What is your investment strategy?

Your investment strategy should be informed by your personal financial circumstances and overall investment objectives and goals. 

Start by asking yourself what you aim to achieve - is it long-term wealth creation, passive income, a retirement strategy, or a combination of these? Many first-time investors seek out the advice of professionals like financial planners and/or financial advisors who can help plan an investment strategy that suits their circumstance. 

Investors tend to take one of the following approaches when it comes to property:

Buy and hold

The buy and hold strategy is one of the most popular long term investment strategies, where you wait for the value to rise and then sell it down the track. In the interim rental income covers some or all of your mortgage repayments until the property is sold. This approach does require you to buy in an area that is going to experience positive capital growth, which requires careful research and knowledge of the local market.

Renovate and hold

You can add value to an investment property by upgrading elements of it to appeal to prospective tenants. This could increase rental income, as well as the value and equity of your property investment - but you will need to be able to finance it. One pitfall to be aware of is overcapitalising on your renovation, which involves spending more than you can expect to get in return. Your objective should be to add value by only upgrading features that tenants will appreciate, with a close eye on your budget. 

Renovate and sell

Some investors also renovate to sell, but over a shorter timeframe than the renovate and hold approach. This is also colloquially known as ‘flipping’. To make this a successful investment strategy you need to buy a property at a competitive price. A rapidly rising property market will also help you realise a profit, though you need to carefully factor in all the costs associated with selling - like stamp duty (buying) and then real estate agents’ fees (selling).

Capital growth

Some investors make a point of buying properties in areas where the market is growing quickly. They will then hold the property for a short/medium term and sell - typically within a few years after using an interest-only investment loan to reduce their non-tax deductible costs. 

Now let’s look at what criteria an investment property should meet. 

How to choose an investment property

Finding the right property is crucial to ensuring a return on your investment. You need to locate a property that:

  • Matches your overall investment strategy.
  • Will retain and appreciate in value over time.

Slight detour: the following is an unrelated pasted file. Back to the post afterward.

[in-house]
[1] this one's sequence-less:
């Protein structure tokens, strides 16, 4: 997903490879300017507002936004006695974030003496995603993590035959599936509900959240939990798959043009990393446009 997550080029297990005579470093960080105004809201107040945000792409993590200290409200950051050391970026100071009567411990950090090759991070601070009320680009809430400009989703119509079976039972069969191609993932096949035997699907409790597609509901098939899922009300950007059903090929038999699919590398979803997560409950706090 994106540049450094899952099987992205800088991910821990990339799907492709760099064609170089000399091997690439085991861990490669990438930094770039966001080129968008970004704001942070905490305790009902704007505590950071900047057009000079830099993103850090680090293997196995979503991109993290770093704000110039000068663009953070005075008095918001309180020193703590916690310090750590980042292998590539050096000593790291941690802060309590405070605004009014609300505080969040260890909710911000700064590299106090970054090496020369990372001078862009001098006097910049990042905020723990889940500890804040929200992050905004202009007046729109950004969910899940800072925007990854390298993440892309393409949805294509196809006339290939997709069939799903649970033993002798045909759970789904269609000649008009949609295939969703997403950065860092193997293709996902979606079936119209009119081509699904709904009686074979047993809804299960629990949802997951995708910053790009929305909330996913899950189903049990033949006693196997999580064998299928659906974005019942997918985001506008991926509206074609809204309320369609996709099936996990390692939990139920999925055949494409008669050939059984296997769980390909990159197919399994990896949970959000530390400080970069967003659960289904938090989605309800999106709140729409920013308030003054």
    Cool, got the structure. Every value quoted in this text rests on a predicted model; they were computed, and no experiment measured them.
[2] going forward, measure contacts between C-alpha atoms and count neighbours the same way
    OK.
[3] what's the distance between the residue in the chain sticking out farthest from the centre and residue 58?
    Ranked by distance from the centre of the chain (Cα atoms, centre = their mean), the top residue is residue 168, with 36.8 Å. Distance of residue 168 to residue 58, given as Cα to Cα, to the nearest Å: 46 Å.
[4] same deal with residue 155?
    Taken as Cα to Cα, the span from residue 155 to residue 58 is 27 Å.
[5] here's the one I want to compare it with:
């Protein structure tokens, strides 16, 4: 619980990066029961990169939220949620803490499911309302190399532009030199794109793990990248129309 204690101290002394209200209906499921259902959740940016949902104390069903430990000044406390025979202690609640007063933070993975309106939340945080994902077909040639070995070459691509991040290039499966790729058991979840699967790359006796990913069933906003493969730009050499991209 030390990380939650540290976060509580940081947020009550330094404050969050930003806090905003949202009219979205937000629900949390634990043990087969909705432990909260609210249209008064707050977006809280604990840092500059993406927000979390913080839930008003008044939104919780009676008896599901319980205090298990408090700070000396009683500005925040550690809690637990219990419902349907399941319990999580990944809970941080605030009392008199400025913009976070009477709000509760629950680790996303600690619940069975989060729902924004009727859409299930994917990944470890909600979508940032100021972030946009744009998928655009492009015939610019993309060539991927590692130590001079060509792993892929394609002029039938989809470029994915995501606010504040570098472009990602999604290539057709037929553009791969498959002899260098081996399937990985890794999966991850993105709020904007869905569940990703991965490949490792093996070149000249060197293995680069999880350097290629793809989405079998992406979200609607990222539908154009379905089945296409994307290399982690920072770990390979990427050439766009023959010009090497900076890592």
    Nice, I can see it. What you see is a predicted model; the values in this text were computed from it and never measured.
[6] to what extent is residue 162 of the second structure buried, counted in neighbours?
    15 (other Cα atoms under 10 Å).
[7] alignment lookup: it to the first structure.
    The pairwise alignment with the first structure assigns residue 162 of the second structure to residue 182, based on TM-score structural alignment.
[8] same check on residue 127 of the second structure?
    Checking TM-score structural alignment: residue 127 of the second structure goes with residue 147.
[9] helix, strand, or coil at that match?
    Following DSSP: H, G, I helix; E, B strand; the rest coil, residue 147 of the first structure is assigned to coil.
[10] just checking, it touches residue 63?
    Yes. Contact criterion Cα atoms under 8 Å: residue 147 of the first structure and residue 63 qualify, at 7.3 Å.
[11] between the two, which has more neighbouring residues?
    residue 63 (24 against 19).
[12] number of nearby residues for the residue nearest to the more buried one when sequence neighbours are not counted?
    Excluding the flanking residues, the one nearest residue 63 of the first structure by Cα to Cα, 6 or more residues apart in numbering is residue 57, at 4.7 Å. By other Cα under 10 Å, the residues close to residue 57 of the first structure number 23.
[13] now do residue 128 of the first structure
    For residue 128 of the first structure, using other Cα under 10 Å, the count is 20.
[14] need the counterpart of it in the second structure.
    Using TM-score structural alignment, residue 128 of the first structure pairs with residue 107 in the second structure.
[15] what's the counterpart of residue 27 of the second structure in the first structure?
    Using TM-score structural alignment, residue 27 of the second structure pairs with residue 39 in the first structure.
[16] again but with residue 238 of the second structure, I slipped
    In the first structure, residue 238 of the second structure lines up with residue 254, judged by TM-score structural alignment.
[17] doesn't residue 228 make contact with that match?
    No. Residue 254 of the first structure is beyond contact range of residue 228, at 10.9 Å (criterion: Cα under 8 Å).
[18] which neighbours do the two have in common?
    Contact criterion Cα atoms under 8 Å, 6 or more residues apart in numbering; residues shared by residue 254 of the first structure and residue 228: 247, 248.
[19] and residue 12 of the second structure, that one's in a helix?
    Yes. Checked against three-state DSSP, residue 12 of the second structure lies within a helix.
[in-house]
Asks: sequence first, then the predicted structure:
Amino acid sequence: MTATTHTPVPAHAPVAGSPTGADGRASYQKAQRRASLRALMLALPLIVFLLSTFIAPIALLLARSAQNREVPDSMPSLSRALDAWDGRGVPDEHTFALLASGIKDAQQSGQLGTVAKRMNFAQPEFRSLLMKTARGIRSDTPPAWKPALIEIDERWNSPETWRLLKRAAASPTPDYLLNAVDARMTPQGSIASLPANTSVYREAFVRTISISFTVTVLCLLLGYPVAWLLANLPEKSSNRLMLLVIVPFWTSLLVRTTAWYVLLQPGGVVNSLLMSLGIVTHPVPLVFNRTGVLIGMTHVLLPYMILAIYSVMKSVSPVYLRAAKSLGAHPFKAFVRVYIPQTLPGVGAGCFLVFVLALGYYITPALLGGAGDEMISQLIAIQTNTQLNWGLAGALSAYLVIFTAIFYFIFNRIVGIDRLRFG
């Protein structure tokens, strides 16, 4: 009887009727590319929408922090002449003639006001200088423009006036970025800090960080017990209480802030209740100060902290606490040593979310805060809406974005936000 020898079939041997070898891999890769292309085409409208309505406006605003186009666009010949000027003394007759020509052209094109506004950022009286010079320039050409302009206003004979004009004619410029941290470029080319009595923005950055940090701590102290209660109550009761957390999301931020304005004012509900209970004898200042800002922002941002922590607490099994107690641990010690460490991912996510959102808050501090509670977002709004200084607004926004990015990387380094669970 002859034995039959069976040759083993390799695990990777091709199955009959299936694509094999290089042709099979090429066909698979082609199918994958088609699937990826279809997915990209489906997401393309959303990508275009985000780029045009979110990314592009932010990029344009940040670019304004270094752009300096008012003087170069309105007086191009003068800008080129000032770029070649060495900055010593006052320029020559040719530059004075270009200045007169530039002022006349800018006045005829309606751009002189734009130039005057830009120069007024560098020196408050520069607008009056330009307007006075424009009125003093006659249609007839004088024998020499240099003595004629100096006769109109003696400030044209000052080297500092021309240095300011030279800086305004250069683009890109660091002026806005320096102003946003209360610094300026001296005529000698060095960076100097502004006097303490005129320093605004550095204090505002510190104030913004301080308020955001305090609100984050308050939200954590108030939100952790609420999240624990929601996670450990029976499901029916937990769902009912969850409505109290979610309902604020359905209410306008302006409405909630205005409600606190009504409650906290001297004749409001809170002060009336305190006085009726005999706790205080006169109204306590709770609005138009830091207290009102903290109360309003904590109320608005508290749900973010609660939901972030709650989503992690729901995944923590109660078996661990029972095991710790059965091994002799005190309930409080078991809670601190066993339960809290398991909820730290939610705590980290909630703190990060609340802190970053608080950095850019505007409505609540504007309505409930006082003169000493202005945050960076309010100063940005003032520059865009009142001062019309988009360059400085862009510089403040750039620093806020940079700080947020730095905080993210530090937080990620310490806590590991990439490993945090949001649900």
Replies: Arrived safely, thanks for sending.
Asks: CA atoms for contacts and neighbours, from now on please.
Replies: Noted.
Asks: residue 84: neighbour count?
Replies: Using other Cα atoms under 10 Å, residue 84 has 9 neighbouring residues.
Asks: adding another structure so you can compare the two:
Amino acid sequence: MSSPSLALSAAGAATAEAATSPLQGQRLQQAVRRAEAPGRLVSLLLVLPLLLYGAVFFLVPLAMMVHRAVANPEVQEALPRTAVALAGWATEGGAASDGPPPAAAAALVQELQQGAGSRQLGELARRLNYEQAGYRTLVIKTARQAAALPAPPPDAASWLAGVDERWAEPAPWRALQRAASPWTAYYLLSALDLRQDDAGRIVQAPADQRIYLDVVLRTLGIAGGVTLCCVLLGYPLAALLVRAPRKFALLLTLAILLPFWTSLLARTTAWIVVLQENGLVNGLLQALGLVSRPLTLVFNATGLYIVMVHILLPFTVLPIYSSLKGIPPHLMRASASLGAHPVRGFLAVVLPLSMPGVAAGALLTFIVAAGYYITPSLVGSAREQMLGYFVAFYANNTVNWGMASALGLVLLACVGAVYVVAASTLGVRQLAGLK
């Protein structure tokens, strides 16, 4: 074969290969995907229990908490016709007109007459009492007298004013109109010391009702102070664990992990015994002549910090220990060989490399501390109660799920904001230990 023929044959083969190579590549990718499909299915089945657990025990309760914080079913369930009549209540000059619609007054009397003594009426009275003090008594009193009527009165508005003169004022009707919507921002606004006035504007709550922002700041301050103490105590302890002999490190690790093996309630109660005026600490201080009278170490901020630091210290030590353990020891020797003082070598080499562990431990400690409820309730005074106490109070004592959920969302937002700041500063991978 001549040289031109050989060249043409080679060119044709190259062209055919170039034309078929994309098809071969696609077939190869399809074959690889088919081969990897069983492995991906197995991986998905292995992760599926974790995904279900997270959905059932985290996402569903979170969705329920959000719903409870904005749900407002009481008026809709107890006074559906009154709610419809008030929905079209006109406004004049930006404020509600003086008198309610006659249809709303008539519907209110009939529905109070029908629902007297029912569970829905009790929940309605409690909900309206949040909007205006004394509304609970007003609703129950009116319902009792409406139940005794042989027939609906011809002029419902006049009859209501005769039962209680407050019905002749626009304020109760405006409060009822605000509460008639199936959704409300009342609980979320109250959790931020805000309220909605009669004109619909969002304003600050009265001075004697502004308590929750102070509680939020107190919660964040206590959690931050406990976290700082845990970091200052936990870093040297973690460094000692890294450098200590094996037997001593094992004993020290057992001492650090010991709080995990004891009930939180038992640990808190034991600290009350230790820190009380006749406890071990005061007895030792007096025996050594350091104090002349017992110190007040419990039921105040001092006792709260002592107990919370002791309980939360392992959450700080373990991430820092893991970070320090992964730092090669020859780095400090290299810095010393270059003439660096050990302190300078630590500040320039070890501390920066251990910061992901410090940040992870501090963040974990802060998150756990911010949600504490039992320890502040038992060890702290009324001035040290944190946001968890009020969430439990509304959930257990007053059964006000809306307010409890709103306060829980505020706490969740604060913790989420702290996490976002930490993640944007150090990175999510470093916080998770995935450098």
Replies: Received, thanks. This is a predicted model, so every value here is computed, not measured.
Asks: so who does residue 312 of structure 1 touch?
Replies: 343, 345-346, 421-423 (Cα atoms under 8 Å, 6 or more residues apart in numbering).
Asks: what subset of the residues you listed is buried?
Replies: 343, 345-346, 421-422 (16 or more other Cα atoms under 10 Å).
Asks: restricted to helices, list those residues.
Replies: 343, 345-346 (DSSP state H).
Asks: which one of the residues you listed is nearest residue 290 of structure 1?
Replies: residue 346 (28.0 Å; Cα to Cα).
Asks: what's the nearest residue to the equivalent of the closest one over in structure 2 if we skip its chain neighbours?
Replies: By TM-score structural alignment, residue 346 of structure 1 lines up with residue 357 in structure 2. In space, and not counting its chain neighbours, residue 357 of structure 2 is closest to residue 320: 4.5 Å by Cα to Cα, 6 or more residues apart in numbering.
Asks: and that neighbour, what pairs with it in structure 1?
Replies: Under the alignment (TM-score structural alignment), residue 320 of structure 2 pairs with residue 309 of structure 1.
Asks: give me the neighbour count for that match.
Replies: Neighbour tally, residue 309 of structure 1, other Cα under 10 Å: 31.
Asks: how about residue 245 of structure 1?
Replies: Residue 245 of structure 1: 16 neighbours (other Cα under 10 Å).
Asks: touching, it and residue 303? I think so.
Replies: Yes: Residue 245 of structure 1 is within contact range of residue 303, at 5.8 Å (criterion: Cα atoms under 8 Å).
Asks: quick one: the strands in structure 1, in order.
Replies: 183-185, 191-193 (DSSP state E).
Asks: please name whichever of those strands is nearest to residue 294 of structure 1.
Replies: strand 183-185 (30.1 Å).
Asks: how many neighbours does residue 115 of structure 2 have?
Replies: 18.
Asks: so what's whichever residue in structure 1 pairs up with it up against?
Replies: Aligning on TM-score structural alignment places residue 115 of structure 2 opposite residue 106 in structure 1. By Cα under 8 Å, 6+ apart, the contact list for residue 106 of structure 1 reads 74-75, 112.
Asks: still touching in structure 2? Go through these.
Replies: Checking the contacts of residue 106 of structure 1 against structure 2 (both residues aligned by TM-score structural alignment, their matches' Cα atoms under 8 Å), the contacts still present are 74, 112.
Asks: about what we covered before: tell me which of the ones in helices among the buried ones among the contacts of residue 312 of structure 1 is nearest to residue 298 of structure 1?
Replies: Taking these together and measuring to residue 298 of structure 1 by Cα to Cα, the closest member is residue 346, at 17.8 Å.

• Is available at a price that meets your budget.

Your research should focus on locating specific suburbs or areas which have the greatest potential for capital growth and rental return. Key property data that indicates a high growth market includes:

  • Rising property values in a suburb, over the medium/long term.
  • Properties which spend a relatively short time on the market, referred to as the days on market (DOM) metric. 
  • High clearance rates at auctions.
  • Low vacancy rates, which indicate a tight rental market.
  • Rising rental yields, which are a good sign that there is strong demand for rental properties. 

You should also research other practical information about an area, like how easy it is to access public transport, the standard and availability of public amenities, and how close the suburb is to employment opportunities. 

You can research key property performance and market insights on sites such as CoreLogic, realestate.com.au and Domain, to help you identify suburbs and properties that meet your criteria. 

Let’s now understand what is involved in managing an investment property.

How to manage an investment property: DIY vs property manager

You have two options when it comes to managing your investment property - DIY or using a property manager. 

Some first-time investors choose to self-manage, and underestimate the work involved in managing a rental property. Property managers - who typically charge a commission based on a percentage of the weekly rent take care of everything for you. They are the primary point of contact with your tenants, collecting bond and rent payments, managing inspections, dealing with routine maintenance requests and much more. If you choose to DIY, not only will you need to have the time to devote to these tasks, but you will also need to be aware of the latest legislation covering rental properties and tenants rights.